Tuesday, 1 February 2011

Revisions, Revisions....

by Matt Lynn

I finished the first draft of ‘Ice Force’ last week, so now all I have to do is revise the manuscript before I hand it in to Headline. I enjoy revisions. As I’ve pointed out before on this blog, I plan my plots in a lot of detail before I start writing the book, so the difference between the first and second draft is not going to include any very radical re-working of the storyline.

Instead, it is all about the prose. I write a book straight through. I don’t go back and re-read anything until the whole book is done. So when I am revising, there is a fair amount of tinkering around to be done. But it is mainly about tuning up sentences, and punching up dialogue. That is all fun. It’s probably the bit of the job I enjoy the most.

But I was struck by a post on Roy Greenslade’s blog this week about how Rudyard Kipling revised his work.

"Take well-ground Indian ink as much as suffices and a camel hairbrush proportionate to the intersperse of your lines,” Kipling advised.

In an auspicious hour, read your final draft and consider faithfully every paragraph, sentence and word, blacking out where requisite.

Let it lie by to drain as long as possible. At the end of that time, re-read and you should find that it will bear a second shortening. Finally, read it aloud alone and at leisure.

May be a shade more brushwork will then indicate or impose itself. If not, praise Allah, and let it go and when thou hast done, repent not."

Kipling, as Greenslade points out, was talking about his newspaper pieces in India. But much the same advice applies to a book as well. Obviously we can skip the bit about the Indian ink. Apart from that, it is good stuff. Always read it carefully, put it aside for a while, then read it again. And once it is done, stop worrying about it.

The one thing I don’t do is read it aloud. But I think it might be a good idea. Words and sentences have a different flow when read out loud, and they might well be improved. I might try that this time around.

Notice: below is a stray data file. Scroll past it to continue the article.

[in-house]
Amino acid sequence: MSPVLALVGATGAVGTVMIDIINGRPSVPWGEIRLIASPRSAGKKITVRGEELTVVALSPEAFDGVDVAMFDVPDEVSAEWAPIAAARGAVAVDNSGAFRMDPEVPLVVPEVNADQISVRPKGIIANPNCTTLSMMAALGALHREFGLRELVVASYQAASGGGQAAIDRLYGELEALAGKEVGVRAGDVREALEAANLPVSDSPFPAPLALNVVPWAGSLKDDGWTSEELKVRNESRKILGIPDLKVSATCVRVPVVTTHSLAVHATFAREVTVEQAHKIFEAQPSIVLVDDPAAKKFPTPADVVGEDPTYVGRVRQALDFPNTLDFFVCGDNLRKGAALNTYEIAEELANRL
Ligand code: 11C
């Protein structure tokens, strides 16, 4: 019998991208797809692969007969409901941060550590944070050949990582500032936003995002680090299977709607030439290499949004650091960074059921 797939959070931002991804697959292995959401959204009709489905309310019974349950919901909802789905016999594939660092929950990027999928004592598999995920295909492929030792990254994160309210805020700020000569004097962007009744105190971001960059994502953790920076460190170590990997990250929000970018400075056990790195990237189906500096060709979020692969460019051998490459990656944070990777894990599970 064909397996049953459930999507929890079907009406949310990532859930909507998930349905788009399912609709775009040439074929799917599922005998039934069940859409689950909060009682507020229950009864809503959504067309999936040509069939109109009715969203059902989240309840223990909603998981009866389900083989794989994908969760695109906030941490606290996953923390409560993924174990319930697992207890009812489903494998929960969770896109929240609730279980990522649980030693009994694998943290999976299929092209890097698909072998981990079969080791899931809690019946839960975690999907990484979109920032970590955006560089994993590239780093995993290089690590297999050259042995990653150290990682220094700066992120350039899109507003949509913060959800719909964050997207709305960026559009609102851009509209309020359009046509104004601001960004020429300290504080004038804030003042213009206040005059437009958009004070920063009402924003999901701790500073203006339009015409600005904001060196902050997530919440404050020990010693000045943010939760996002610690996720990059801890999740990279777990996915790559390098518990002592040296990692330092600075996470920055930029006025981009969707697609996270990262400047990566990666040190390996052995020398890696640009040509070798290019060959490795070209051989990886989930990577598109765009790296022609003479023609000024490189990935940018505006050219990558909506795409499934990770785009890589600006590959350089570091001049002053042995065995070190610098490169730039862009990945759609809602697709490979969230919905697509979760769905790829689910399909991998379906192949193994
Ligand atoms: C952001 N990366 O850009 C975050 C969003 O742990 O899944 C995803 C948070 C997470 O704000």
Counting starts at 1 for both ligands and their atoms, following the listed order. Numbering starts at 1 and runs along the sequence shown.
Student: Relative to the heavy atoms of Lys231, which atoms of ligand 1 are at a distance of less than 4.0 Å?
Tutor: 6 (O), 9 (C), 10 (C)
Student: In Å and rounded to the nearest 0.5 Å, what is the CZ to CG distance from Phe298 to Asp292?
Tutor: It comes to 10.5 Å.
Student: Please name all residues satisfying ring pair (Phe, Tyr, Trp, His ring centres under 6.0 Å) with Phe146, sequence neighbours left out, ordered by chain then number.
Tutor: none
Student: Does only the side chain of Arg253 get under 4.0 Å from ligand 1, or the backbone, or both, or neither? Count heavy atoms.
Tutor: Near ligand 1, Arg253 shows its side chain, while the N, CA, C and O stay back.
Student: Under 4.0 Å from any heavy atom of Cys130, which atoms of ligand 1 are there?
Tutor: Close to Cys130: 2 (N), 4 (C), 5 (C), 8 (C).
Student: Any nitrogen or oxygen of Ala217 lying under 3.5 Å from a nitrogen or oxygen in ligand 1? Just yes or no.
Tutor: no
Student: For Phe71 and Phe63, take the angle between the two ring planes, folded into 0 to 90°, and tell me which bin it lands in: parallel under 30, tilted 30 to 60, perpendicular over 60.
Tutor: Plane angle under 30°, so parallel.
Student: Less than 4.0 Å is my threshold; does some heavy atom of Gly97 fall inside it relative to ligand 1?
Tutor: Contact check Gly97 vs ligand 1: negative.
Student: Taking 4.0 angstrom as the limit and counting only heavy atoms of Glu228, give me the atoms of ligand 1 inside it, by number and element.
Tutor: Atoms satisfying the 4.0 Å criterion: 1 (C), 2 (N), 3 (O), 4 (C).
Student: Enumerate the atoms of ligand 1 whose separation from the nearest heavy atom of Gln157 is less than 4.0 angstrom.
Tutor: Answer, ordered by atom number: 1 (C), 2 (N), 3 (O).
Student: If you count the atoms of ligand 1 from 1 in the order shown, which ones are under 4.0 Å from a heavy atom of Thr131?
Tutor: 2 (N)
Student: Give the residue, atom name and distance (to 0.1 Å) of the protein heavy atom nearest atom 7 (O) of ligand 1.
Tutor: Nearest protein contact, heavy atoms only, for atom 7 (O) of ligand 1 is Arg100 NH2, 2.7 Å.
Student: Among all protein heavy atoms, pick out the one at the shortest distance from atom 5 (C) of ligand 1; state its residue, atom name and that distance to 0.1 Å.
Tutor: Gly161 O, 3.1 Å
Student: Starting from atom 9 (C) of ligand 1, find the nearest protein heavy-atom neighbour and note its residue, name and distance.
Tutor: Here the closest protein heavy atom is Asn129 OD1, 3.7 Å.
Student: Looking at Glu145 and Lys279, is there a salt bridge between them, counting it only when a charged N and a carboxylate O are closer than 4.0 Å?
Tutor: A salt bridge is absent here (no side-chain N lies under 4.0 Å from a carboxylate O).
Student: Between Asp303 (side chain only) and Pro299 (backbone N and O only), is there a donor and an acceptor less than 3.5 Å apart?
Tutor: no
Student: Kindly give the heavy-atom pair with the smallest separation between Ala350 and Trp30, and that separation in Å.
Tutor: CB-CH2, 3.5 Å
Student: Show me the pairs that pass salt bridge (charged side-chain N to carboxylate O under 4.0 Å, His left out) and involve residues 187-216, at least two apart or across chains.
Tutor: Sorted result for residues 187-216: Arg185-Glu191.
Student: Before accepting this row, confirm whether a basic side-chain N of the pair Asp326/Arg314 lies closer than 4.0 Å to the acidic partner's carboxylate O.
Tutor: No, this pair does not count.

1. By Peter Stuart Smith

    I thoroughly endorse Matt's comments here. The only thing I would add is that I've always found reading the manuscript aloud is incredibly valuable. I don't know why it is, but the mere act of reading a piece of prose somehow tunes your subconscious into the work, and – at least in my case – I find that I pick up repetitions of words or phrases, or other errors, that simply staring at the words on the screen will not detect.
    The other slightly strange aspect of this is that I detect more errors if I print the manuscript and then read it off the page, than if I read it from the screen of the laptop.
    I've also tried using one of these programs that will read a piece of text at you, but I've found that the stilted and definitely American voice that emerges from the speakers acts as a barrier. I find myself listening to the voice instead of listening to the words, and I don't get anything like the same benefit from the exercise.

  2. I read tricky passages aloud, under my breath, to hear how the words flow. That way I can easily identify words that don't work. Putting the problems right isn't always quite so easy! I'm very impressed with the success of your planning, Matt. Like a military operation! My outlines never quite work out as I plan them.

  3. Interesting. I'm certainly going to try rreading it aloud. If its good enough for Kipling and Peter, it's good enough for me.

  4. I print out everything. I can't see the errors while staring at the screen. I believe it's because I'm so used to skimming on the internet. I can't undo this bad habit.